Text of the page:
Avoid Home Improvement Scams

They come out at the first sign of spring, and after winter has departed. They offer you deals that are hard to resist. Remember that old adage, “If it sounds too good to be true, it probably is.”

There are families who travel around communities and just happen to be in your neighborhood doing a job for your neighbor. Don’t be afraid to ask a few questions. Those questions may save you hundreds of dollars in the long run. A few simple tips may discourage the scammers.

Ask for their permanent address. A professional will have a business address, and not work out of their garage. Ask for a written contract that you will not sign until you have read the small print.

Make sure they have a business license, proof of insurance, and be members of the local contractor’s board. Those may be false, so take down the number and investigate. Never pay anyone up front even those who need the money to buy the materials to do the job. Never pay in advance.

They’ll have excuses why they don’t have the paperwork with them, but you can wait until they do, so don’t rush. They’ll say things like, “We’ll only be in the neighborhood for a few days.” If they’re in a hurry, don’t you be.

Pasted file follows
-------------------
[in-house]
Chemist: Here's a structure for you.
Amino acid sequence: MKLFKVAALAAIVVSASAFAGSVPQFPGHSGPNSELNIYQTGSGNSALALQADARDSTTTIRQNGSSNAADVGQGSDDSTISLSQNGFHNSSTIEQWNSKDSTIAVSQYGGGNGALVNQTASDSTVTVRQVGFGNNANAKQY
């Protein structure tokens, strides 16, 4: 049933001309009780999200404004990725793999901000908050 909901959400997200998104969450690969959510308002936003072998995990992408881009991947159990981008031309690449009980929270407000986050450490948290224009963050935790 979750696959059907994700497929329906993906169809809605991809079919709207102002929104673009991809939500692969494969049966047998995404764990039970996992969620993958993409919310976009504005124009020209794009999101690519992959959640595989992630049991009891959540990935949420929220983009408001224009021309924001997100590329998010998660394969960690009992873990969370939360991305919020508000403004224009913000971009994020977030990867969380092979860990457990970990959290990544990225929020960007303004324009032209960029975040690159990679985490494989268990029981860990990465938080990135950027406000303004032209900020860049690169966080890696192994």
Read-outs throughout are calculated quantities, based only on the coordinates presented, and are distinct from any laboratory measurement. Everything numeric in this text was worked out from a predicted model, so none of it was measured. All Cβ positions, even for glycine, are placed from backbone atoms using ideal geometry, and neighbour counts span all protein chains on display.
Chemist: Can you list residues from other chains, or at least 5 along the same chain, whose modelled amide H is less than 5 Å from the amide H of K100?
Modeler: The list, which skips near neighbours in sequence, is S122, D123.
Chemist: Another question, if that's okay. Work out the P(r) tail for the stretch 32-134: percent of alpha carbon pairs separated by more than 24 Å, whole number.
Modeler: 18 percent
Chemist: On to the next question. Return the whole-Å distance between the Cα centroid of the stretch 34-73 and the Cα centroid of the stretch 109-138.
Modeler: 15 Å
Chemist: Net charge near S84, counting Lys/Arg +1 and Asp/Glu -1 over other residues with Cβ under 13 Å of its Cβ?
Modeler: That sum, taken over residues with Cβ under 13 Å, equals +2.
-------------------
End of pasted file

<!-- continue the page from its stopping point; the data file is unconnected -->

Then they may say, “I’ve got all the material I need in my truck, I can’t take it back, and I have no further use for it, so I can do your job and save you hundreds of dollars if you allow me to do the job today.”

Scammers like to go where disaster has hit, like a fire that ravished a neighborhood, or a flood. They will promise the world, but rarely deliver. They will hit you when you least expect it. They will promise to mend your roof in a few hours, when you know it will take days for a new roof to be installed.

When you hire a contractor insist that they be specific in written information. Don’t sign anything unless you study the fine print. Get their license number and check them out with the local authorities, and even the Better Business Bureau. Make sure the down payment and other payments are shown on the contract. The contract also needs to specify what work will be performed in your home, the day they will arrive to do the job, and the estimated time that will take them to finish.

Don’t pay them until they have completed the job to your satisfaction.

 Topic: Home Improvement Scams

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